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The enforcement of a foreign award was in the nature of “Forum Hunting”, the Court recorded.
While examining the issue of territorial jurisdiction of a court for the enforcement of foreign awards, the Delhi High Court has recently stated that a foreign award can be enforced anywhere as a deemed decree, depending on the location of the assets of the Judgement Debtor or where his money lied.
Referring to the Supreme Court's decision in Brace Transport Corporation v. Orient Middle East Lines, the Court recorded that the enforcement was in the nature of “Forum Hunting”.
The issue of territorial jurisdiction of a court for the enforcement of foreign awards was considered by a single Judge Bench of Justice Jyoti Singh.
Decree holder, Glencore International and Judgement Debtor, Hindustan Zinc participated in arbitration proceedings which had London as the Venue of Arbitration. Proceedings were conducted in accordance with Rules of the London Court of International Arbitration.
The final Award on costs as well as the final Award on interest on costs was passed in favour of the Decree Holder.
The Awards were challenged before the Rajasthan High Court by the Judgment Debtor under Section 34 read with Section 48 of the Arbitration & Conciliation Act.
Both the challenges were dismissed by the Rajasthan High Court by a common judgment. An appeal was thereafter filed by Judgment Debtor before the Division Bench of the Rajasthan High Court.
Since payments under the Awards were not made by the Judgment Debtor, the Decree Holder filed execution proceedings before the Delhi High Court.
Broadly, the Petitioner made the following submissions:
- Awards were made in London, UK to which New York Convention on Recognition and Enforcement of Foreign Arbitral Awards 1958 applied and the Awards were thus Foreign Awards under Section 44 of the Arbitration Act.
- Awards are final and binding on the parties and enforceable in India as prescribed under Chapter-I of part–II of the Act, as a Decree of this Court.
- Judgement Debtor had its office in Delhi along with assets/properties including bank accounts within territorial jurisdiction of the Court.
The Judgment Debtor, on the other hand, said that the execution proceedings were not maintainable in Delhi.
The contention was based on the following:
- No cause of action had arisen within the territorial jurisdiction of the Delhi High Court.
- The only asset identified in the jurisdiction of the High Court was a property on the first floor in Scope Complex, Lodhi Road but the same was on lease from the Government on India.
- The assets of the Judgement Debtor were located in Rajasthan and there were no assets in Delhi.
- The Decree Holder could not embark on a roving and fishing enquiry and file a petition in any court with the hope that it may be able to identify certain properties in a particular jurisdiction.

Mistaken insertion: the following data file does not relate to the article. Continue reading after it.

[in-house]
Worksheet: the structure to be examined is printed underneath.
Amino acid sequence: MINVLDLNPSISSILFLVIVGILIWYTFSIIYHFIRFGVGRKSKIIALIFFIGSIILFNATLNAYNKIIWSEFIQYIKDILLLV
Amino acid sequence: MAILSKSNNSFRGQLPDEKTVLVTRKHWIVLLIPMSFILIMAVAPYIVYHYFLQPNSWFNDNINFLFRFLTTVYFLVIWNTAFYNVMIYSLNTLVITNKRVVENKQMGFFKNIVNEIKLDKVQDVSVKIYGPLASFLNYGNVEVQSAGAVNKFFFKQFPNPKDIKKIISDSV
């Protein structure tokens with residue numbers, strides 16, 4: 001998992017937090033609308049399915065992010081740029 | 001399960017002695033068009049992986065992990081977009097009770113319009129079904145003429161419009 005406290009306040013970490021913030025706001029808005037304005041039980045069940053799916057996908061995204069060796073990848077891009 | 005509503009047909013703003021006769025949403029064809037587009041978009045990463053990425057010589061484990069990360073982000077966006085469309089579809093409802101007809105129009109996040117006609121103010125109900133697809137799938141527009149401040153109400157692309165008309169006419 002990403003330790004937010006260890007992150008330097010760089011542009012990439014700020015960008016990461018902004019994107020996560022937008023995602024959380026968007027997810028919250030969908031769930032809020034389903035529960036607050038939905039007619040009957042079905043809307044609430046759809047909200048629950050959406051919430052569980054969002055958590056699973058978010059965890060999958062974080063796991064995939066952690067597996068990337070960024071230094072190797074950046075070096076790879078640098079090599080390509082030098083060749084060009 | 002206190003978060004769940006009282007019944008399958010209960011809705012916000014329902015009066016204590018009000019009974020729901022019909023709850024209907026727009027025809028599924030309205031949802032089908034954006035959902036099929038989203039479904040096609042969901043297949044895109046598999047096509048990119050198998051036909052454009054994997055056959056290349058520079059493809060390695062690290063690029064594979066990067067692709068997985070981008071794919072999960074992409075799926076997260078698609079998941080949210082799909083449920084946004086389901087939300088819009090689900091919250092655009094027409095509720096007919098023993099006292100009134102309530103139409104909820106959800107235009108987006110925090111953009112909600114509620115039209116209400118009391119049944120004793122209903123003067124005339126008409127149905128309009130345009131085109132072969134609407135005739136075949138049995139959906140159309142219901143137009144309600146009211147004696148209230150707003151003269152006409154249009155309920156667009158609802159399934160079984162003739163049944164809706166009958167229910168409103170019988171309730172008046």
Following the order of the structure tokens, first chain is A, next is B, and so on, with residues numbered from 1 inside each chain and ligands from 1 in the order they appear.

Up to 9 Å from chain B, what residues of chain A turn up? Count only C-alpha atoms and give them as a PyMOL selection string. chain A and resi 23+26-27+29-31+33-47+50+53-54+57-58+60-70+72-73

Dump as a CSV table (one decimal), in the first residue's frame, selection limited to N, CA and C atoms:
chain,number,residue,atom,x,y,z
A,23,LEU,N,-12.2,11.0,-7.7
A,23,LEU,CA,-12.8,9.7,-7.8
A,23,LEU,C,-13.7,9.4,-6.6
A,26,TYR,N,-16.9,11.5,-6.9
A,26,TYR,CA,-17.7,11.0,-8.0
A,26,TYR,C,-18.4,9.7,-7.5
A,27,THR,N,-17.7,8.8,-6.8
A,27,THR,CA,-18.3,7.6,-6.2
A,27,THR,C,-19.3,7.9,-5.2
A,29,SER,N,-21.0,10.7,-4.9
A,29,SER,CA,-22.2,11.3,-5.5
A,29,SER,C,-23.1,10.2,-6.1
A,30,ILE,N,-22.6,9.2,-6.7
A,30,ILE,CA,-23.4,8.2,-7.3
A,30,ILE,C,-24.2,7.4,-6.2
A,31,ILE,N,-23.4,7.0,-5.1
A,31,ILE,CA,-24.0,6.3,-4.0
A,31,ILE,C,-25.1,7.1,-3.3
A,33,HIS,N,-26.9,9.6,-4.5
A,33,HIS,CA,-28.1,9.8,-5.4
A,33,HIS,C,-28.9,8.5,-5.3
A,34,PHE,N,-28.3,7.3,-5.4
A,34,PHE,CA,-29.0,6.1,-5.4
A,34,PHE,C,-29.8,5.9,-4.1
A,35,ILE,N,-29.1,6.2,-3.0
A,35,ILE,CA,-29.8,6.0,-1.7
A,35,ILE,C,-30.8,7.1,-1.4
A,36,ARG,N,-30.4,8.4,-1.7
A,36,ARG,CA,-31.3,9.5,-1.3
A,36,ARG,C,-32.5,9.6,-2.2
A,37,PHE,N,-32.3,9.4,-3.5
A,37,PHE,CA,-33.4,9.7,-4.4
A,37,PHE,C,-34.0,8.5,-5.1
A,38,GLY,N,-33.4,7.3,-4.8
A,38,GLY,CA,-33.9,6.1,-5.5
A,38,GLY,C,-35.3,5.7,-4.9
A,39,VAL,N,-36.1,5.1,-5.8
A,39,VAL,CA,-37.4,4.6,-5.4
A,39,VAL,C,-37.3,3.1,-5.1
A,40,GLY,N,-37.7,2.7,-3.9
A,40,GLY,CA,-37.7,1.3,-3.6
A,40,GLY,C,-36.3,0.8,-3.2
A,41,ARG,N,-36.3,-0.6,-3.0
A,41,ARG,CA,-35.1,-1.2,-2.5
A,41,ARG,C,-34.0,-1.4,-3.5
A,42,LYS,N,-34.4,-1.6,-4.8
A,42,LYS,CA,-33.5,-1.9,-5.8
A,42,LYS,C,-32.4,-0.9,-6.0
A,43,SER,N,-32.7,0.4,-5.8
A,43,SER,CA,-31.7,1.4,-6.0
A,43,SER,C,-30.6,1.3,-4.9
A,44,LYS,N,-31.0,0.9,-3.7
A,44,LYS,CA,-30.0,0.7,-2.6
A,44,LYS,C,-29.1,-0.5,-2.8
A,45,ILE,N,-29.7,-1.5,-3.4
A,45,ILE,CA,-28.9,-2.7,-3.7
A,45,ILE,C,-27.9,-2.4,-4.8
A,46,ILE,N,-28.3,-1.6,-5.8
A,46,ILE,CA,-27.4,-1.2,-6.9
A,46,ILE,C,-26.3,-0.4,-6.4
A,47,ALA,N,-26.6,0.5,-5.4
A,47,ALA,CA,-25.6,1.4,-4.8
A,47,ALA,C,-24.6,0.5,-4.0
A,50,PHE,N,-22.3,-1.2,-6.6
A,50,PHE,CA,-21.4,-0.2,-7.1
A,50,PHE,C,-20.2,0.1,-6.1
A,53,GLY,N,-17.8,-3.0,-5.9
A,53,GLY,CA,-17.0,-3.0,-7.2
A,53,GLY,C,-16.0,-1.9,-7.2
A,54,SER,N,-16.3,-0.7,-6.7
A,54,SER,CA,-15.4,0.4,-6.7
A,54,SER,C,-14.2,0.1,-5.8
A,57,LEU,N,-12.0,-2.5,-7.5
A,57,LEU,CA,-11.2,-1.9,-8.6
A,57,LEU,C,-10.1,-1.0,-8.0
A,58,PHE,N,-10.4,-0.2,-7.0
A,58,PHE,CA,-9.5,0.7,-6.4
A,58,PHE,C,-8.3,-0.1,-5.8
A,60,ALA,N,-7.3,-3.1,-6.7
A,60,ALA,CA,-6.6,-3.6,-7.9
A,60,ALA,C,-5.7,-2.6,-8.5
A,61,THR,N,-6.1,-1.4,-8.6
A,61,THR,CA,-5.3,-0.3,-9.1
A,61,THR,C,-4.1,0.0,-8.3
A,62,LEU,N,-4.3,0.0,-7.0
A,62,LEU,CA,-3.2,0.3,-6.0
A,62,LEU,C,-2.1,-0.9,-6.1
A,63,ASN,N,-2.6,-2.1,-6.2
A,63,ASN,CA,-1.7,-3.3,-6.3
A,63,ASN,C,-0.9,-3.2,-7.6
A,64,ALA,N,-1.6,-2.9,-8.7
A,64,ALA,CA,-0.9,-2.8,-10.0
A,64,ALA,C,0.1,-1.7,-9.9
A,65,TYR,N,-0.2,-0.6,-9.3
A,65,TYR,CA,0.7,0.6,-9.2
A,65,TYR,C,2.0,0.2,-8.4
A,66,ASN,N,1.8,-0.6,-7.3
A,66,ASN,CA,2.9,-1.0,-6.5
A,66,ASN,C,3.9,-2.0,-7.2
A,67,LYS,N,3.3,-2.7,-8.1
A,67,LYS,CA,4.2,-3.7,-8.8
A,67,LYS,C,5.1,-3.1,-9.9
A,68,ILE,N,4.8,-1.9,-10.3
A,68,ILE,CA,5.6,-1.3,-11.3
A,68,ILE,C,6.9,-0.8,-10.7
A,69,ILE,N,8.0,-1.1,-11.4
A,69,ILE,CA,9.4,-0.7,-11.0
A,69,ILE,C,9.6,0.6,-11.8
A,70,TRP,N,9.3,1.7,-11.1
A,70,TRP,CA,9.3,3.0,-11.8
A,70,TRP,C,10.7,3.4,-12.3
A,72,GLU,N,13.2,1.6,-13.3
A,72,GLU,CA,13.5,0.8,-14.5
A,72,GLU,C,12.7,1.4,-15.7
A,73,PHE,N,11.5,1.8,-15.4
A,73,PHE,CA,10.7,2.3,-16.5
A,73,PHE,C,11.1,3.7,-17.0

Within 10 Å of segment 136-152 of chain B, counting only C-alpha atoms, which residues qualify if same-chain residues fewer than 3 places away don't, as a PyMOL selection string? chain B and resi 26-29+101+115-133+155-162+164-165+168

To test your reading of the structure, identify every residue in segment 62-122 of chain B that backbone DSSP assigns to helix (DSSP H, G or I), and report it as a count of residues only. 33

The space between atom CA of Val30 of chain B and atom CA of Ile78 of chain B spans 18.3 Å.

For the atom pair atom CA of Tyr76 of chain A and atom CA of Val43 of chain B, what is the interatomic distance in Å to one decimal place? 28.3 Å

- Since the issue of enforceability was sub-judice before Rajasthan High Court, where the assets of the Judgement Debtor are located, it was that Court which would be the executing Court.
- Even assuming that the Delhi High Court had jurisdiction, on principles of comity, the Court ought to await the decision of the petition pending in the Rajasthan High Court.
To arrive at its opinion on the issue of territorial jurisdiction of a Court in the context of Sections 47 and 48 of the Act, the Court relied on decision passed by the Bombay High Court in Tata International Ltd, Mumbai vs. Trisuns Chemical Industry Ltd and Wireless Developers Inc. vs. India Games Ltd.
The Court noted that at the stage of arbitration, the subject matter is the contract and therefore, the place where the contract was entered into or such related issues become material to decide the jurisdiction.
However, once arbitration was concluded and the stage is of enforcement, the focus is the subject matter of the Award, it stated.
Explaining the proposition, the Court said,
The Court further iterated that while the arbitration could be held at a neutral forum, enforcement of the Award was maintainable only where the properties/assets of the Judgment Debtor are located, which may or may not be the chosen place of the parties for the subject matter of the arbitration.
Relying on cases decided by its coordinate bench, the Court also observed that the various provisions of Order XXI CPC clearly held that the only relevant factor in execution of the Award was the location of the assets or the property of the JD and not the Judgment Debtor.
In view of the above discussion, the Court concluded that it was of prima facie opinion that it did have territorial jurisdiction to entertain the petition.
The Court also opined that the appeal against the dismissal of the challenges to the Awards under Section 34 read with Section 48 of the Act would not come in the way of enforcement of the Award before it.
Therefore, proceeding further with the execution proceedings, the Court directed the Judgment Debtor to file details of its assets.
Senior Advocate Gaurab Banerji with Advocates Sumeet Lall, Sidhant Kapoor, Ananya Pratap Singh, Raka Chatterjee, Devyani Sharma appeared for the Decree Holder.
Judgment Debtor was represented by Senior Advocate Prashanto Chandra Sen with Advocates Anne Mathew, Kaustubh Singh.
Read the Order: